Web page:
The stalling is a member of the salmon family. It is easily recognizable by its long and high dorsal fin. It thrives best in cold and oxygen-rich water. It feeds mainly on plankton, insects and small crustaceans.
The grayling is a good eating fish, which should be cooked immediately after being caught because the meat quickly deteriorates. Its Latin name is derived from the Greek word meaning the smell of thyme because a freshly caught grayling often smells of thyme.
The grayling spawns in April and May. During this period the water flow is stable and the water temperature high. Therefore, the eggs only need to lie in the gravel layer for one month before they hatch.
Thin gravel layer
The grayling's eggs stick to the stones. This means that the grayling only needs a gravel layer of five centimetres in order for spawning to succeed.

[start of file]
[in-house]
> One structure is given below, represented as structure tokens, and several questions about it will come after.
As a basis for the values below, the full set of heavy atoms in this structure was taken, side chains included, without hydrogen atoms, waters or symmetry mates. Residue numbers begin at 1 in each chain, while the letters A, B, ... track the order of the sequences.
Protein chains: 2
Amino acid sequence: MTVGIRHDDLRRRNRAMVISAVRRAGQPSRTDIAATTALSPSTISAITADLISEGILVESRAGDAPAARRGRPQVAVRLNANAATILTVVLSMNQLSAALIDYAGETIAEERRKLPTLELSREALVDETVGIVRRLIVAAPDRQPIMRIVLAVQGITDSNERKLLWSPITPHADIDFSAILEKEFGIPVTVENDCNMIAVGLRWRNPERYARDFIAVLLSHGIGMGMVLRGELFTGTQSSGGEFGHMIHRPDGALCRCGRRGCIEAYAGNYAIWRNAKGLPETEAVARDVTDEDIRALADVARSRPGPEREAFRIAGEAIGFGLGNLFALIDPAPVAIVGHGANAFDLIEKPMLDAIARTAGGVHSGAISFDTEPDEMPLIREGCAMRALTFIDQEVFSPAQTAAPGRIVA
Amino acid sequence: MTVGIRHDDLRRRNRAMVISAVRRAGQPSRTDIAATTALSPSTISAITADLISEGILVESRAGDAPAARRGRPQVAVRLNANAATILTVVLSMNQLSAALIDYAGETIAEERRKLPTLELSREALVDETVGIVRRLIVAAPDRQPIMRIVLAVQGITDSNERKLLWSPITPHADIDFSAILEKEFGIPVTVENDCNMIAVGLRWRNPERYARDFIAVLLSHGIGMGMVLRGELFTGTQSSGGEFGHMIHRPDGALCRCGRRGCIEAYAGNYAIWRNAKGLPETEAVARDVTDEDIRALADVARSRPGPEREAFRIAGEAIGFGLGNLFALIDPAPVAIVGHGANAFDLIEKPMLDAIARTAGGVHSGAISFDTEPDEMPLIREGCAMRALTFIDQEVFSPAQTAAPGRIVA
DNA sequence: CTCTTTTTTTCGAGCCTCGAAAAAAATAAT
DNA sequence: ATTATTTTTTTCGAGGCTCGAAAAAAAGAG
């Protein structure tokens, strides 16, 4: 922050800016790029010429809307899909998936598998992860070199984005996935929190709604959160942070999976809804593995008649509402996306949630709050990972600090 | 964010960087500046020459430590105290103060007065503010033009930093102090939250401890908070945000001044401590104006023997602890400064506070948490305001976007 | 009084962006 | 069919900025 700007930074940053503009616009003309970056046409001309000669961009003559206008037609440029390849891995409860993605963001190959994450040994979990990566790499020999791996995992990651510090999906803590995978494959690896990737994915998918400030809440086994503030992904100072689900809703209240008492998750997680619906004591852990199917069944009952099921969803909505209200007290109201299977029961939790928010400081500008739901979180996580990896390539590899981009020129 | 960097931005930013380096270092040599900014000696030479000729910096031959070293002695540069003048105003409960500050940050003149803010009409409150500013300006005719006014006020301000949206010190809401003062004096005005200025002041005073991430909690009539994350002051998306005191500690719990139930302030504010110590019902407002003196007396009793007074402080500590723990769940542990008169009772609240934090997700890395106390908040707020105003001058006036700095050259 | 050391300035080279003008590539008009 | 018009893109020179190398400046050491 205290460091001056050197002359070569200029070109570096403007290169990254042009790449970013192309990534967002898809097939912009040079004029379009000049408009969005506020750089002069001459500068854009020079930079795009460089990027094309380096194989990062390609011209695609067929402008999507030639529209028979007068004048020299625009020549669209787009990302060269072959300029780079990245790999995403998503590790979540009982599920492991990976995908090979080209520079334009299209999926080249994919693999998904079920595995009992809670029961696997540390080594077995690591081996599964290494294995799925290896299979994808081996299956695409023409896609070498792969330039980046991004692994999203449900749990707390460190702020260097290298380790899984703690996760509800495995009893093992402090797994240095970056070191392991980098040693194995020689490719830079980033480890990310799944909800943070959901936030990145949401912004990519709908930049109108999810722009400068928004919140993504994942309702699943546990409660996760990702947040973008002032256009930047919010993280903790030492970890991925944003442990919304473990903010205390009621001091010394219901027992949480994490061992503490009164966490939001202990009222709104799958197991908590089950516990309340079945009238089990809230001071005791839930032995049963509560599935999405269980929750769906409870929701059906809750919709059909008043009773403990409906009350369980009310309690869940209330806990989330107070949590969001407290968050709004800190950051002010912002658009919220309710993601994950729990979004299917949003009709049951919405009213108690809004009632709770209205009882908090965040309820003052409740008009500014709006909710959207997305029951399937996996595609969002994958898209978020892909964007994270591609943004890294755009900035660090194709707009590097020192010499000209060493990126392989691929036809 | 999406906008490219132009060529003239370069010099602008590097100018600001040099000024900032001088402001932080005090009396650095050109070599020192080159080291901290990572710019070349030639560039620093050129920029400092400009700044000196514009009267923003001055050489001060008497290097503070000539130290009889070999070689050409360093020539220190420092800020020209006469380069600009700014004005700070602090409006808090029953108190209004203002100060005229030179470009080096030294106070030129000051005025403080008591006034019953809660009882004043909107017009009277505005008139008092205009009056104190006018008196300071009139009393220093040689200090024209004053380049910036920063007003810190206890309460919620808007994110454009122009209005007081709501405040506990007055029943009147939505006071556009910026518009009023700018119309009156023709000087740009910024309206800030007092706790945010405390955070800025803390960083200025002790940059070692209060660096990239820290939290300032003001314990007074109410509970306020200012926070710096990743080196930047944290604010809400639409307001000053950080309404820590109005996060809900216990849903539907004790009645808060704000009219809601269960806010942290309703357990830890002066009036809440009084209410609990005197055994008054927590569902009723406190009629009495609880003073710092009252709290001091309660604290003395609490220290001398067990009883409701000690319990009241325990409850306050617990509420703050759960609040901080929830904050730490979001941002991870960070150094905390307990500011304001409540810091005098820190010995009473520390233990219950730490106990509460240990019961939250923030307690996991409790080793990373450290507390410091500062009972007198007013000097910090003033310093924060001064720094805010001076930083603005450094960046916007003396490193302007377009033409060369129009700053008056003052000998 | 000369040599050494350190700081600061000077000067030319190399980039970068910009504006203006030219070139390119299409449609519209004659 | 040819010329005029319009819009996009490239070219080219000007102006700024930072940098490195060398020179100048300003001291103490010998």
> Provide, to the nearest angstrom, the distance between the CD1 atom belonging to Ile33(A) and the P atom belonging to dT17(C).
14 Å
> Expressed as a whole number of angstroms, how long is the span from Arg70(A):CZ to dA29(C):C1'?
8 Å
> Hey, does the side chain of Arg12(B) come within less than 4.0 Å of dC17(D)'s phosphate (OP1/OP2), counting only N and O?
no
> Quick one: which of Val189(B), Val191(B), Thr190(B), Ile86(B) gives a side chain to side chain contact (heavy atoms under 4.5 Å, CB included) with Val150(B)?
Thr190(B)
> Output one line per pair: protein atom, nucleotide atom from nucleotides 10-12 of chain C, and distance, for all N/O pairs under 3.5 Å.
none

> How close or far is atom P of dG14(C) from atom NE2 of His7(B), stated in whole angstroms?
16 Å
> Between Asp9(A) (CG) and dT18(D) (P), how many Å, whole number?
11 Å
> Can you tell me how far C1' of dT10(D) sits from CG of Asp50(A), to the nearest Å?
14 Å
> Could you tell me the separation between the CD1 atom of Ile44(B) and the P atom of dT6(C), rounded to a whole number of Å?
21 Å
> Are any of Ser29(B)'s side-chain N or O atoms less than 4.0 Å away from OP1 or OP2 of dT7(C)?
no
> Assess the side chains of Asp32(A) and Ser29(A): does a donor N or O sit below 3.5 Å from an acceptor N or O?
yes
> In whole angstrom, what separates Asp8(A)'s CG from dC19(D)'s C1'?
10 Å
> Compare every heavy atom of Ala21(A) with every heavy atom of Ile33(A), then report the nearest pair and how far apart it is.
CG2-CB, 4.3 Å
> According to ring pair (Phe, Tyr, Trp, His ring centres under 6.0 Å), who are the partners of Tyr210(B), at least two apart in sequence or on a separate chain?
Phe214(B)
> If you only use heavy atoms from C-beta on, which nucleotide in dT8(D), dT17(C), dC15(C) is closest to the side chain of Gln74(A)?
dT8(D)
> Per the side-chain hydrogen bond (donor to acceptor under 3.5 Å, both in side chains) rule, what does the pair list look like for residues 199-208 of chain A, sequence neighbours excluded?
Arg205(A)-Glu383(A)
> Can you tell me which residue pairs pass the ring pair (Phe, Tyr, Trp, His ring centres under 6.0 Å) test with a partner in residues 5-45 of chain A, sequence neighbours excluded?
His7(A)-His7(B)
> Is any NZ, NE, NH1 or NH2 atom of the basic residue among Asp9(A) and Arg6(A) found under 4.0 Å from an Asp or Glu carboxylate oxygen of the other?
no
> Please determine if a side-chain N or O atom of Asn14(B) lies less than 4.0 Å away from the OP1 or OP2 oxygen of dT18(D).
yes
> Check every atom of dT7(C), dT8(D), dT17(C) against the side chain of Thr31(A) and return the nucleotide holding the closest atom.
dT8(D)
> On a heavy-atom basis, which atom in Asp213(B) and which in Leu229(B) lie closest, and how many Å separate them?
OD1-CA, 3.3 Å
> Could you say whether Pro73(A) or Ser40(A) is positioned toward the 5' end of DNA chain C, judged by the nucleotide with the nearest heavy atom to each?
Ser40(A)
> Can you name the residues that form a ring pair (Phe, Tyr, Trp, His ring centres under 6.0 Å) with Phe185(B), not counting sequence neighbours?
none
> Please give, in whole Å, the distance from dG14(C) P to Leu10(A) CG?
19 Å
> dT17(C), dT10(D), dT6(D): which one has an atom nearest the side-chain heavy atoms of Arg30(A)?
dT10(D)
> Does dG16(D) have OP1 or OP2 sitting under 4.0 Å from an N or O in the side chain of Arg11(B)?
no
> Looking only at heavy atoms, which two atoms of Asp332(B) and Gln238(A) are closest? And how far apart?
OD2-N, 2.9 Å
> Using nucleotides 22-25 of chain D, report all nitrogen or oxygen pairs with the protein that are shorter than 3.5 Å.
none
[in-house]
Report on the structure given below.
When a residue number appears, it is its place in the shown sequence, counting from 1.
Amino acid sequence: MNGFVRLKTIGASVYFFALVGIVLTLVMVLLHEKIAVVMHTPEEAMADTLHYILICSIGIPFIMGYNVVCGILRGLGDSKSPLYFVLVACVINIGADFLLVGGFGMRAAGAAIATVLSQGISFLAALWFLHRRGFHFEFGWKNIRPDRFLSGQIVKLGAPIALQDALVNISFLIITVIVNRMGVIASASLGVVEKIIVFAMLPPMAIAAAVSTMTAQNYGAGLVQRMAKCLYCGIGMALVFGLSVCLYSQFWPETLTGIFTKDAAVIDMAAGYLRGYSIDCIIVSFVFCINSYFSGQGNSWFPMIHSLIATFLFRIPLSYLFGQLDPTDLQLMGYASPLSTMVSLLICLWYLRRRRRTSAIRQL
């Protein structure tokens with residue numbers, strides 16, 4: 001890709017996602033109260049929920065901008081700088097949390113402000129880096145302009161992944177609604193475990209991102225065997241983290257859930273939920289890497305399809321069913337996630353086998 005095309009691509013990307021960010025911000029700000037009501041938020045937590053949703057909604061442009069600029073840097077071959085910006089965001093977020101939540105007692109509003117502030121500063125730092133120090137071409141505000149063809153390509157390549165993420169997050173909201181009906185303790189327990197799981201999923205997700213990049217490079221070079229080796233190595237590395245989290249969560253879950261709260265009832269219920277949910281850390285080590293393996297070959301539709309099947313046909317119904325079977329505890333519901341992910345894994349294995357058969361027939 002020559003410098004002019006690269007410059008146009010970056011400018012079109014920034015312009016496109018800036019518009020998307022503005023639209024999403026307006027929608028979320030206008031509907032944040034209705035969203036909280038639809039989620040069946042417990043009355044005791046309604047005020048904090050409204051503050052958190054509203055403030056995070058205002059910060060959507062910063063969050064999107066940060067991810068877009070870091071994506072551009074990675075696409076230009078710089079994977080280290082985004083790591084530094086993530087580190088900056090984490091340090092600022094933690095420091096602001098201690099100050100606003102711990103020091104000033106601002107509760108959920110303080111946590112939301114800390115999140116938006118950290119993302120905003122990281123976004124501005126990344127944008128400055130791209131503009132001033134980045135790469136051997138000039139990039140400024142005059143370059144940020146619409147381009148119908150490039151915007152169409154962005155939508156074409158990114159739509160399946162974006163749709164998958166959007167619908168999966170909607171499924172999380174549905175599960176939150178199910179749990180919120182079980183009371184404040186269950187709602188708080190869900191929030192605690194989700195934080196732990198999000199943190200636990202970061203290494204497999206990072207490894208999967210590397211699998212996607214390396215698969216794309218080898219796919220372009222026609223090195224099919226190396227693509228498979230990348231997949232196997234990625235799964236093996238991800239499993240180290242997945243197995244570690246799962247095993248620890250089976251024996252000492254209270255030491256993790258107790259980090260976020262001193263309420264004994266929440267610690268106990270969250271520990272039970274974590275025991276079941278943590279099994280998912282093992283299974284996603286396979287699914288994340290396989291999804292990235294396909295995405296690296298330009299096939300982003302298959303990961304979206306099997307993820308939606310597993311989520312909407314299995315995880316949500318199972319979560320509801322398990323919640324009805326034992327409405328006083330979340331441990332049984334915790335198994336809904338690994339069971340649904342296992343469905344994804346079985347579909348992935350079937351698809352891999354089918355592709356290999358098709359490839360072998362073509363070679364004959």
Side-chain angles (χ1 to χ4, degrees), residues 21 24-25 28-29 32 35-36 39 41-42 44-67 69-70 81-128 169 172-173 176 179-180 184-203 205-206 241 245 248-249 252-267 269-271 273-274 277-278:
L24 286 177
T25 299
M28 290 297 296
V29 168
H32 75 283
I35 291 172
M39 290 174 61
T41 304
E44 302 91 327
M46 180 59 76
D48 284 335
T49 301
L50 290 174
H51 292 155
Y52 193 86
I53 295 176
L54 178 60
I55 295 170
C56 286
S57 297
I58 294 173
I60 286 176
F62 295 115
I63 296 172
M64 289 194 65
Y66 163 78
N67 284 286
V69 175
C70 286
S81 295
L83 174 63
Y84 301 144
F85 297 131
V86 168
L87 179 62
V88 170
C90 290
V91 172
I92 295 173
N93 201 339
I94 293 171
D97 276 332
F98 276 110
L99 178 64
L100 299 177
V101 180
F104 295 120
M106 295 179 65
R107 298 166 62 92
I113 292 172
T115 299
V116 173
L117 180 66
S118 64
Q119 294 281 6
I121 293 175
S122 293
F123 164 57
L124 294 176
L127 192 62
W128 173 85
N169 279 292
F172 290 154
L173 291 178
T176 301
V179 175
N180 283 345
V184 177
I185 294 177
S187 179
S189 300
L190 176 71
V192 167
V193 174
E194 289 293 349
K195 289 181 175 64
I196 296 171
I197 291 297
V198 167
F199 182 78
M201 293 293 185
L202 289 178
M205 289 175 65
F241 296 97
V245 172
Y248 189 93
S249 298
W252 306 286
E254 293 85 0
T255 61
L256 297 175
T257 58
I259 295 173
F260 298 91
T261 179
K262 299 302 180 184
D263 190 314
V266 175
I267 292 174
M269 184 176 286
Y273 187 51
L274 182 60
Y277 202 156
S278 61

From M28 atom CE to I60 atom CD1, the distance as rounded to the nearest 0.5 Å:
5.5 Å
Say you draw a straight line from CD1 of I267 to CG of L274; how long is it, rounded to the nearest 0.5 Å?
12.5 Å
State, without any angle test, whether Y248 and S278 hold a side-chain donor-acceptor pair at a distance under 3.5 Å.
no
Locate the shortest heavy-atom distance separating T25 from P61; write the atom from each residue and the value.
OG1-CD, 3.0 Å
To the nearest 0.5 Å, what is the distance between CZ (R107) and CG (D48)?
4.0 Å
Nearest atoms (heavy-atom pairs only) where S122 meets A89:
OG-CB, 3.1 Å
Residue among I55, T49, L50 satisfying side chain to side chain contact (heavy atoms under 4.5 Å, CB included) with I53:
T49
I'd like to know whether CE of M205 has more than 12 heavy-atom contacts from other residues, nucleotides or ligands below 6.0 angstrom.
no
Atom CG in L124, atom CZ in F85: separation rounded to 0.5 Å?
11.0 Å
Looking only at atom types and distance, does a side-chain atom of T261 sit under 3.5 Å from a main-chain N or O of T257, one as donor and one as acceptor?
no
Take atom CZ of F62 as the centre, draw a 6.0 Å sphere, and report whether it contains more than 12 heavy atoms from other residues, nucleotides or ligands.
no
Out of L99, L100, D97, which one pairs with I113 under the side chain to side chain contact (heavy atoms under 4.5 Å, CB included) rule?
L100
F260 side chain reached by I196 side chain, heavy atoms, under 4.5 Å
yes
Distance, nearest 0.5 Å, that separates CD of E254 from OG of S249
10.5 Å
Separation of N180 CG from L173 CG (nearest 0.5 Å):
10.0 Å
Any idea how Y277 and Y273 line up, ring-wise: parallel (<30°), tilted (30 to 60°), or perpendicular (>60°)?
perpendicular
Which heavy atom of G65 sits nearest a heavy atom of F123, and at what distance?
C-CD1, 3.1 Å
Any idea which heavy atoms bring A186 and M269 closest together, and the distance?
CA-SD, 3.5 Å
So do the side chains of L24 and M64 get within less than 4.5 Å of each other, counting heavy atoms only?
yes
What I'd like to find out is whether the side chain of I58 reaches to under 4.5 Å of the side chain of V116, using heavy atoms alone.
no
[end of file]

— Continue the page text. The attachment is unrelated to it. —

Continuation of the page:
The grayling's fry spread out over several kilometres downstream, straight after they have swum up from the spawning bank. This means that the grayling can quickly spread out into the entire watercourse.
Facts about grayling
Prevalance in the river Kongeå: Fairly uncommon. Found in mainstream and larger tributaries.
Weight: Largest Danish grayling 1.4 kg. Caught in the river Ålested Å in 1984.
Age: Rarely more than 4 years old, but can be older.